Interview with Dr. Lara Mitias, Associate Professor of Philosophy.
By Matt Walker ’04.
Dr. Lara Marie Mitias currently serves as an Associate Professor of Philosophy at Antioch College where she teaches Asian and comparative philosophies, along with various courses in Western Philosophy. She completed her doctorate at the University of Hawaii specializing in Asian and Comparative philosophy Her doctoral work what is on the nature of time in the study of memory in a comparative context.
She has taught over 30 different courses in Western and non-Western philosophy, including Logic, Metaphysics, Social and Political Philosophy, Philosophy for Children (P4C) and courses on Death, along with many independent study courses, including On Happiness, and Indian Philosophy of Language. She has published in a range of areas from Indian philosophy of Mind to Japanese and Continental Philosophy to Philosophy for Children.
MW: “Are you interested in bringing back the Philosopher’s Roundtable to Antioch?”
LM: “Yes. It’s one of the things that really attracted me to Antioch initially. Lew had started it, my colleague Lewis Trelawny-Cassity, who I miss dearly. The Roundtable was one of the factors leading me to take the position. It was a group of about 15 to 20 people from the community and surrounding areas. They were of all ages, including retirees in the community who had backgrounds in philosophy, psychology, working psychologists, and professors from other fields. They had pretty high-level philosophical discussions every third Friday of the month. It was great, and it showed me that there was an actual interest in the community at large in philosophy. I was also happy to learn about the Dharma Center and the general culture of Yellow Springs, both of which seemed very open to philosophy, especially comparative and non-western philosophies. I also found out about the history of philosophy at Antioch, which has been extraordinarily strong. At its height there were 12 philosophy professors at Antioch. Antioch had two of John Dewey’s students teaching here. It’s varied a lot but it’s always been important and it’s always been very unique.”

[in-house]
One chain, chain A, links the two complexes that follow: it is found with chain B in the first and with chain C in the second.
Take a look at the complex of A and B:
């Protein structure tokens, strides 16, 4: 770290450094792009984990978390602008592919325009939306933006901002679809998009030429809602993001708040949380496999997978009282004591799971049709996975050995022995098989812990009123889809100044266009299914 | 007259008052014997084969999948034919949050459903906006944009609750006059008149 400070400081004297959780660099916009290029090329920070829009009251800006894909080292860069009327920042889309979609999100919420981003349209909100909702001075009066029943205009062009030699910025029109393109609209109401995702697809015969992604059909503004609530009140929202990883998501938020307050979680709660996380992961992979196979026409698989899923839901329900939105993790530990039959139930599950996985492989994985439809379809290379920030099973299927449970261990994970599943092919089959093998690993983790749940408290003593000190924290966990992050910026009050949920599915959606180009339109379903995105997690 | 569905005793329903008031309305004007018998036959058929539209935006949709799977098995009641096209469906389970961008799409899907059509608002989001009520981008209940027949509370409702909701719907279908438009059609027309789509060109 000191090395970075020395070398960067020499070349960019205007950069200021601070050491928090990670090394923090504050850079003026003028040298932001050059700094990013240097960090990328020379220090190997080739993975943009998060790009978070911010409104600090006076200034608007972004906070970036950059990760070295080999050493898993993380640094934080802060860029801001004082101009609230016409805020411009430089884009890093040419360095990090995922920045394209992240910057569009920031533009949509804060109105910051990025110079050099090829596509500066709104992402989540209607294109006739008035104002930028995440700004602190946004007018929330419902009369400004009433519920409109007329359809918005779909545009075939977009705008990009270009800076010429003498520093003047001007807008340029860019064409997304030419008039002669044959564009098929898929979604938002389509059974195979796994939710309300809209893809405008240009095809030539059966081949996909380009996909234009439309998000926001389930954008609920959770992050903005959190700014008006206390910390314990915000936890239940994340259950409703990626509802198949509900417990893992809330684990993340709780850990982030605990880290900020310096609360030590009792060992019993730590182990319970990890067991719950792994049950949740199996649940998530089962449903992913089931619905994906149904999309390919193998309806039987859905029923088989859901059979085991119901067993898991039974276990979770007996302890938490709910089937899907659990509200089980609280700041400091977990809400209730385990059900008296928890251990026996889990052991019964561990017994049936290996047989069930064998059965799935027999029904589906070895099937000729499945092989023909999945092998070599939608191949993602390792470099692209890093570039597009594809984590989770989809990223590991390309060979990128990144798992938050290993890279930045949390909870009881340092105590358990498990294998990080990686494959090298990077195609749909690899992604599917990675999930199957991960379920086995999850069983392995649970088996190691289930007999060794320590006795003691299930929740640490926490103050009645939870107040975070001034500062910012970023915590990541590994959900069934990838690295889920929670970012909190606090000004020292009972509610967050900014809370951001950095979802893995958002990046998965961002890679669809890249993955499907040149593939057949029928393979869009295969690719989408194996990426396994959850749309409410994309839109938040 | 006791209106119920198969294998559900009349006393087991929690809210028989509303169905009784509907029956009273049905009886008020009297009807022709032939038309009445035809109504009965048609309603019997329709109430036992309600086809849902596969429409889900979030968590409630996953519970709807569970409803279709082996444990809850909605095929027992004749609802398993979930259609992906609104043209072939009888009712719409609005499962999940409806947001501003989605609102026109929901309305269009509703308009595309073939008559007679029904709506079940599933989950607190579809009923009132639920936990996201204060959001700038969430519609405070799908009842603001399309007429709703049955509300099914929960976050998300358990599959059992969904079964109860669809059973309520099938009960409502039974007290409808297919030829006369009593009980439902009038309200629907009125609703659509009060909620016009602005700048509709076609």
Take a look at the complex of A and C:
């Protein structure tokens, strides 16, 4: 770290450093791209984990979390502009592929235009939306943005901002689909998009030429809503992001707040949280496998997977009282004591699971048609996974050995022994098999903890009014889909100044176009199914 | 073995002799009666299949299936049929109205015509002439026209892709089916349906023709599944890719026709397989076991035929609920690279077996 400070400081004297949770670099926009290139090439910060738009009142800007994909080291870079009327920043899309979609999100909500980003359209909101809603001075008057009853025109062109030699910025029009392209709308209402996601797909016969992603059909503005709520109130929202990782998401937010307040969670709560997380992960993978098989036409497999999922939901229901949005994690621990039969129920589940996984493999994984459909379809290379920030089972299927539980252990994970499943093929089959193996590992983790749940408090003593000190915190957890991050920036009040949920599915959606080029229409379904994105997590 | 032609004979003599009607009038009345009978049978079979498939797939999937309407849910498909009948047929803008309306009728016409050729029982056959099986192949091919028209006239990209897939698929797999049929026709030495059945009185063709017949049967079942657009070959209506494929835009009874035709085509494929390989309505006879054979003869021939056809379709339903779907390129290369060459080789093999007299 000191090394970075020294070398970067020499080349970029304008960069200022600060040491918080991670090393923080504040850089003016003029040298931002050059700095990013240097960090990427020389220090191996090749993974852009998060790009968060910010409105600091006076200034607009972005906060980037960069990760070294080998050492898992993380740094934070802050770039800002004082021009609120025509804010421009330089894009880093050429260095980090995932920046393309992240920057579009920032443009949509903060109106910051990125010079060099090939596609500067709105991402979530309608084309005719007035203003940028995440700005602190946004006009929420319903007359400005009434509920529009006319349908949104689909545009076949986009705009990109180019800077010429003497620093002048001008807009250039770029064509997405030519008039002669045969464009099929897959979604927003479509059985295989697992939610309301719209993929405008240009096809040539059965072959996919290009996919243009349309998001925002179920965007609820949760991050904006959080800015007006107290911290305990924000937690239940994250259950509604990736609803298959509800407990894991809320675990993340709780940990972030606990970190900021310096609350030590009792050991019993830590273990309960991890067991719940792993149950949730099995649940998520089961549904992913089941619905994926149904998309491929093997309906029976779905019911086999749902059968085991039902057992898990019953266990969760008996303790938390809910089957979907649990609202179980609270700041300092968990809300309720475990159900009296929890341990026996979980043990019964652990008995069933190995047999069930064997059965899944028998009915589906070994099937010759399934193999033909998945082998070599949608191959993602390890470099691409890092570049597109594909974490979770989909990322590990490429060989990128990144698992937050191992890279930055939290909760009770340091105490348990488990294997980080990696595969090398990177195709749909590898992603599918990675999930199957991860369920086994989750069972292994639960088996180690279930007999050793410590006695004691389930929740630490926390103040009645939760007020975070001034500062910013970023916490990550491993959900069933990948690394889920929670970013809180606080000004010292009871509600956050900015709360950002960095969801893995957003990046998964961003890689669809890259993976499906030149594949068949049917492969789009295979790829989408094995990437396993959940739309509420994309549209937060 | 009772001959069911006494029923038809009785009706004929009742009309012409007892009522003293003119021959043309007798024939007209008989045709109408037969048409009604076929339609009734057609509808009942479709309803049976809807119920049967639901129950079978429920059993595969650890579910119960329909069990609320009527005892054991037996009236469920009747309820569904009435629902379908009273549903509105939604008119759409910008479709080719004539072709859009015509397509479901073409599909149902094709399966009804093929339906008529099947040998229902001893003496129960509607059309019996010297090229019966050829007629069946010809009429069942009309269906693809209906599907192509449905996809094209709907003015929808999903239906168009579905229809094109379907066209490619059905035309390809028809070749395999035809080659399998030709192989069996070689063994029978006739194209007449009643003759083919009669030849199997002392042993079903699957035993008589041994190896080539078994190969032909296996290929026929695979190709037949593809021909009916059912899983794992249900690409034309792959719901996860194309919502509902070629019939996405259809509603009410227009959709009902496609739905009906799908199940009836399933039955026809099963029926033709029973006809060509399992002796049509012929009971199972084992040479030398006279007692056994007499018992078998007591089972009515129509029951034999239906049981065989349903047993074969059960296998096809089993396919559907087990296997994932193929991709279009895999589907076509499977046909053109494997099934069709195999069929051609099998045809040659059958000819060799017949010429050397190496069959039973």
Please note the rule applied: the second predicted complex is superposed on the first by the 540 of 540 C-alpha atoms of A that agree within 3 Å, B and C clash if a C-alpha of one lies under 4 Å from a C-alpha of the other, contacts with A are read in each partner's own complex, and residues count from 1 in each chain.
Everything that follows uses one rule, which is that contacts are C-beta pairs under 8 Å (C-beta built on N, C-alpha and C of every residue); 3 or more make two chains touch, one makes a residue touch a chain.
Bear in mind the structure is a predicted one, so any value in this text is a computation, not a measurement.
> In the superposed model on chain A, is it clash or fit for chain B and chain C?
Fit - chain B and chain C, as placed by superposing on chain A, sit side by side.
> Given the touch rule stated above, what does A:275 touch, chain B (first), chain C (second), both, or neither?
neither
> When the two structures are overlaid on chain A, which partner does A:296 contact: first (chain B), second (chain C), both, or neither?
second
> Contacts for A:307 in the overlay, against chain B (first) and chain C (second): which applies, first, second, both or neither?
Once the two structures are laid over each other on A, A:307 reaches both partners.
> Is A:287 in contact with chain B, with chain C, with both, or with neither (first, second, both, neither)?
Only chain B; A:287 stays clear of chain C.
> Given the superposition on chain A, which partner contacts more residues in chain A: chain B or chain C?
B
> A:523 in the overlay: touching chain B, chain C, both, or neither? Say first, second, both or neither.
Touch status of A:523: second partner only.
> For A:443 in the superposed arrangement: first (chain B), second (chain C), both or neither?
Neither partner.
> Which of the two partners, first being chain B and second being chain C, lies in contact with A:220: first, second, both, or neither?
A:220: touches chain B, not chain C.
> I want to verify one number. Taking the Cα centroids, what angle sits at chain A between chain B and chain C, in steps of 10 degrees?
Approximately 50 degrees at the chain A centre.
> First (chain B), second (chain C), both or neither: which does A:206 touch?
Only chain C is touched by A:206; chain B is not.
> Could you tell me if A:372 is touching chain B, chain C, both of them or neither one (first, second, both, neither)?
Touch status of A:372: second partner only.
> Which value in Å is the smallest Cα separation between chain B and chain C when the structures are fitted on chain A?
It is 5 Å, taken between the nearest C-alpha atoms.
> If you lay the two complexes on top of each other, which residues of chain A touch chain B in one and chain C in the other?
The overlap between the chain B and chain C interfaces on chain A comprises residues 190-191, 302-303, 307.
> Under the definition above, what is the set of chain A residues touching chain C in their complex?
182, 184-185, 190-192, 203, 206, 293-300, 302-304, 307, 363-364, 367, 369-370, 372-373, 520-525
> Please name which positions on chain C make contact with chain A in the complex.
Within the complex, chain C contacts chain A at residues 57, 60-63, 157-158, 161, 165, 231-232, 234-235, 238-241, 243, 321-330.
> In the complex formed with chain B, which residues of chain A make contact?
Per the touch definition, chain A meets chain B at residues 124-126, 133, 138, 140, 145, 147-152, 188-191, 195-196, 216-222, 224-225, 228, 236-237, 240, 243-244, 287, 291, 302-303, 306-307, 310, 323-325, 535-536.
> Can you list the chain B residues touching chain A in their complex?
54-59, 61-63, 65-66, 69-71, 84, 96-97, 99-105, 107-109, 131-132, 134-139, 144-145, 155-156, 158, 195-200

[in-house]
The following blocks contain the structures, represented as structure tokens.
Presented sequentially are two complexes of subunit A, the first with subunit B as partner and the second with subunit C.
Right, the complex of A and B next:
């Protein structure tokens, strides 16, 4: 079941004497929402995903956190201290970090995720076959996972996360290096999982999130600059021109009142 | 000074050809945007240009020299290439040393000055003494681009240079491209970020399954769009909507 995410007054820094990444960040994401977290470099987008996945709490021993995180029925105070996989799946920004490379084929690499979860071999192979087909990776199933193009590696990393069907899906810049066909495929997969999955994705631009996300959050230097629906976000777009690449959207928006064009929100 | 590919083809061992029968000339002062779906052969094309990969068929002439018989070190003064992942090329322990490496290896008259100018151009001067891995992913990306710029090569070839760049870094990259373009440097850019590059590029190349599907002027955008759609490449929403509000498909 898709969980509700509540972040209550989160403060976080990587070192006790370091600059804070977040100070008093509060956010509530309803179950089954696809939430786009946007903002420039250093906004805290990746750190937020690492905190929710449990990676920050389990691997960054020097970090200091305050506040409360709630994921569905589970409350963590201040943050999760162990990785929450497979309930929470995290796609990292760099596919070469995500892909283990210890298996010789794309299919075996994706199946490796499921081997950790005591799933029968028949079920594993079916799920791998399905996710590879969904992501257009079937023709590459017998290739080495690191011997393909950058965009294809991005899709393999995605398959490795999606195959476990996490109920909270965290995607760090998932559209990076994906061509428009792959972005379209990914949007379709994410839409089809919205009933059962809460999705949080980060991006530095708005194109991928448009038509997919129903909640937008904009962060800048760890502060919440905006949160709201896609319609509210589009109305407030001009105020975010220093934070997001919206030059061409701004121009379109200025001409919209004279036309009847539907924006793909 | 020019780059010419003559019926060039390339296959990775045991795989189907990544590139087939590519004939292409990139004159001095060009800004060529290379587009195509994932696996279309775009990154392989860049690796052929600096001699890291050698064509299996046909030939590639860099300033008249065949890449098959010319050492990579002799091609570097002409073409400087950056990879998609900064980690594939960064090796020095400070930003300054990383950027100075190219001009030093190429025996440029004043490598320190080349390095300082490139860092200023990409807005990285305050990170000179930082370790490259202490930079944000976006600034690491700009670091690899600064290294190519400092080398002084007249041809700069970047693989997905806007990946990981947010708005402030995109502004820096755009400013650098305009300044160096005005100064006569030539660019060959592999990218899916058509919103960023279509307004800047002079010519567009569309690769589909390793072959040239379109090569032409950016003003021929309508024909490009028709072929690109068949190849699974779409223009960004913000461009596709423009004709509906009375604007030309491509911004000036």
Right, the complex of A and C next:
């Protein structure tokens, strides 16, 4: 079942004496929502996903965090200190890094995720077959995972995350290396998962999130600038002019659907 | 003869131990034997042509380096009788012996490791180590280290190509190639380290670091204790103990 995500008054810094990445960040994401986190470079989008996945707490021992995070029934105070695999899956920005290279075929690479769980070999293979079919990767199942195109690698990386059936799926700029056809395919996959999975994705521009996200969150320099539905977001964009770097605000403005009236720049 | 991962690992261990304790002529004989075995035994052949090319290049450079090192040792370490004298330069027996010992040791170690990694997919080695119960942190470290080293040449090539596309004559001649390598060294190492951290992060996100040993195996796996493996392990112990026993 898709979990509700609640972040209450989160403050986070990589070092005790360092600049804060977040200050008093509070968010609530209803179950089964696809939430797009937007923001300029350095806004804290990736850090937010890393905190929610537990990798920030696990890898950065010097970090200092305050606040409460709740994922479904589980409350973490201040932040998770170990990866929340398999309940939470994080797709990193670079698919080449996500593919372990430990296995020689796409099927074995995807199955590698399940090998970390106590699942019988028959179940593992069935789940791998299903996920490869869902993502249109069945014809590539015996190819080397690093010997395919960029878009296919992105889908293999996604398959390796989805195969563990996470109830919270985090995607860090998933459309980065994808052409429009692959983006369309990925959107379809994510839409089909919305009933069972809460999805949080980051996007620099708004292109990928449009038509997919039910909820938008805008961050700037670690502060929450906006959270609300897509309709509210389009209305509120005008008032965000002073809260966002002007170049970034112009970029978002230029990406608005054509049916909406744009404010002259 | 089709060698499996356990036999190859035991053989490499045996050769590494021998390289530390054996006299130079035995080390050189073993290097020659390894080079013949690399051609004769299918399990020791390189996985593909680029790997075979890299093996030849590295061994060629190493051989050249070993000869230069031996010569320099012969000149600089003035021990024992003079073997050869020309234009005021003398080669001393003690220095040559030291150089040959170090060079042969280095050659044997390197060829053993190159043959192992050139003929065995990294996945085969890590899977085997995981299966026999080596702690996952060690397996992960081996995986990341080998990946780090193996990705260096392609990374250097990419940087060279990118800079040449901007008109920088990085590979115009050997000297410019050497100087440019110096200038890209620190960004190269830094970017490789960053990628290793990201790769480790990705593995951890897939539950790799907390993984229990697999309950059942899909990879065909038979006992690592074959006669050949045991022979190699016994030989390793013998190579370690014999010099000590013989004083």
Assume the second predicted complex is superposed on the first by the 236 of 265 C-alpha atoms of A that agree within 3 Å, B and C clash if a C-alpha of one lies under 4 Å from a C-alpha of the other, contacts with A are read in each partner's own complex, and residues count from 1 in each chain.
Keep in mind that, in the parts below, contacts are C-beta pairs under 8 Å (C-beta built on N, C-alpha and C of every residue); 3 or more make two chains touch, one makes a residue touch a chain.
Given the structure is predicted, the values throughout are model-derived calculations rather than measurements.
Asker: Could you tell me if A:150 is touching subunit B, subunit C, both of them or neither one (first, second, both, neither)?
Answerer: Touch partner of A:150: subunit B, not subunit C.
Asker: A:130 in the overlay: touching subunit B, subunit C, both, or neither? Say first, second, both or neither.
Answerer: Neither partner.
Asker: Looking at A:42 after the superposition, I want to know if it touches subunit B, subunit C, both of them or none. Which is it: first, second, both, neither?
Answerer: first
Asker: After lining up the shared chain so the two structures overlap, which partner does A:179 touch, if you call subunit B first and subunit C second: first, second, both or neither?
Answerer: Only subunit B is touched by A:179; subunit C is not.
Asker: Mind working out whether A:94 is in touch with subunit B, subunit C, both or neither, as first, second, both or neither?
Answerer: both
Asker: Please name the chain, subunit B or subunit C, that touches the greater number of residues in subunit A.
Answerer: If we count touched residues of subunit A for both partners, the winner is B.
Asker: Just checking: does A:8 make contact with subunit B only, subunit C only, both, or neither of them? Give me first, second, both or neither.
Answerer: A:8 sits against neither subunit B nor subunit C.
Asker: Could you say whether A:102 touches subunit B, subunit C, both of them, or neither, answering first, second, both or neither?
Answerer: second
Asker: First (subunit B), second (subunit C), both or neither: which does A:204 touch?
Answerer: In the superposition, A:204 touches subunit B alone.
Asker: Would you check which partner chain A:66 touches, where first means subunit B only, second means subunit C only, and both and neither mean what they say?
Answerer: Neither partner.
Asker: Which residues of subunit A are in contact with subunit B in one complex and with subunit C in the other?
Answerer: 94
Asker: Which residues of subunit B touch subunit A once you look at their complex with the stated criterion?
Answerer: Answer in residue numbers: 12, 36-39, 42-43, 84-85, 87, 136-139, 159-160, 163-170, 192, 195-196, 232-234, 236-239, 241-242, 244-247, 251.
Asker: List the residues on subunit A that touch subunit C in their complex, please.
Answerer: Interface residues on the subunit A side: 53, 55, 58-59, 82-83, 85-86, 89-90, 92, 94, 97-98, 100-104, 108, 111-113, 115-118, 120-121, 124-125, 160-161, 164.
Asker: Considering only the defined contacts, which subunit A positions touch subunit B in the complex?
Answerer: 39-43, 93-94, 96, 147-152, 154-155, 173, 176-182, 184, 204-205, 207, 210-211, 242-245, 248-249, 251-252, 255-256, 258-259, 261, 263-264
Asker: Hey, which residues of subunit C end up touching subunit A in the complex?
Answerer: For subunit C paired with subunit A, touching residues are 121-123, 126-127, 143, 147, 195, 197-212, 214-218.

“But yes, I have restarted The Philosopher’s Roundtable. It is now ‘The Virtual Philosopher’s Roundtable’ and takes place on the first Friday of each month. We met for the first time in February of this year. A recently graduated philosophy student, Vespere Oaks, presented the work he is currently developing on the epistemology of mythology. And, in March, Antioch Emeritus Professor of Philosophy Ramesh Patel presented work from his most recent book on Indian Philosophy, Self and World. We had very excellent discussions at both sessions, and I’m looking forward to working with the group, as well as students and faculty–from Antioch and other regional Colleges and Universities.”
MW: “What’s the typical format of the philosopher’s roundtable? Is it a spectator sport? Do people come and watch? What is it like?”
LM: “Everyone participates usually. It’s a really fun, thought-provoking, and educational event. The featured speaker, or lead discussant, sends out their document or their notes a week or two beforehand. Then everyone reads it and thinks about it. It’s a two-hour long period and the speaker may take questions during the presentation or afterward, but I think it’s more engaging to have discussion throughout. But these presenters might have to come back because we may not get through their whole presentation!”
MW: “Another topic that’s come up in my conversations related to Philosophy is Daoism. I feel like most of the students that mentioned Philosophy mentioned an interest in Daoism. I also feel like it’s very popular with folks here in Yellow Springs.”
LM: “I am glad to hear there’s such strong student interest in Daoism. I currently teach a course in Chinese and Japanese Philosophies, but will probably teach a Special Topics course on Daoist Philosophy soon. When I interviewed at Antioch, my teaching demonstration was on some work I’ve done on the logical structure of implication in the Dao De Jing. I thought it would be interesting to the students and Antioch community, and it was. Lew had designed his Epistemology course to include Daoism and that’s highly non-traditional and demonstrated to me that Antioch would be a great place to teach non-Western and Comparative philosophy.”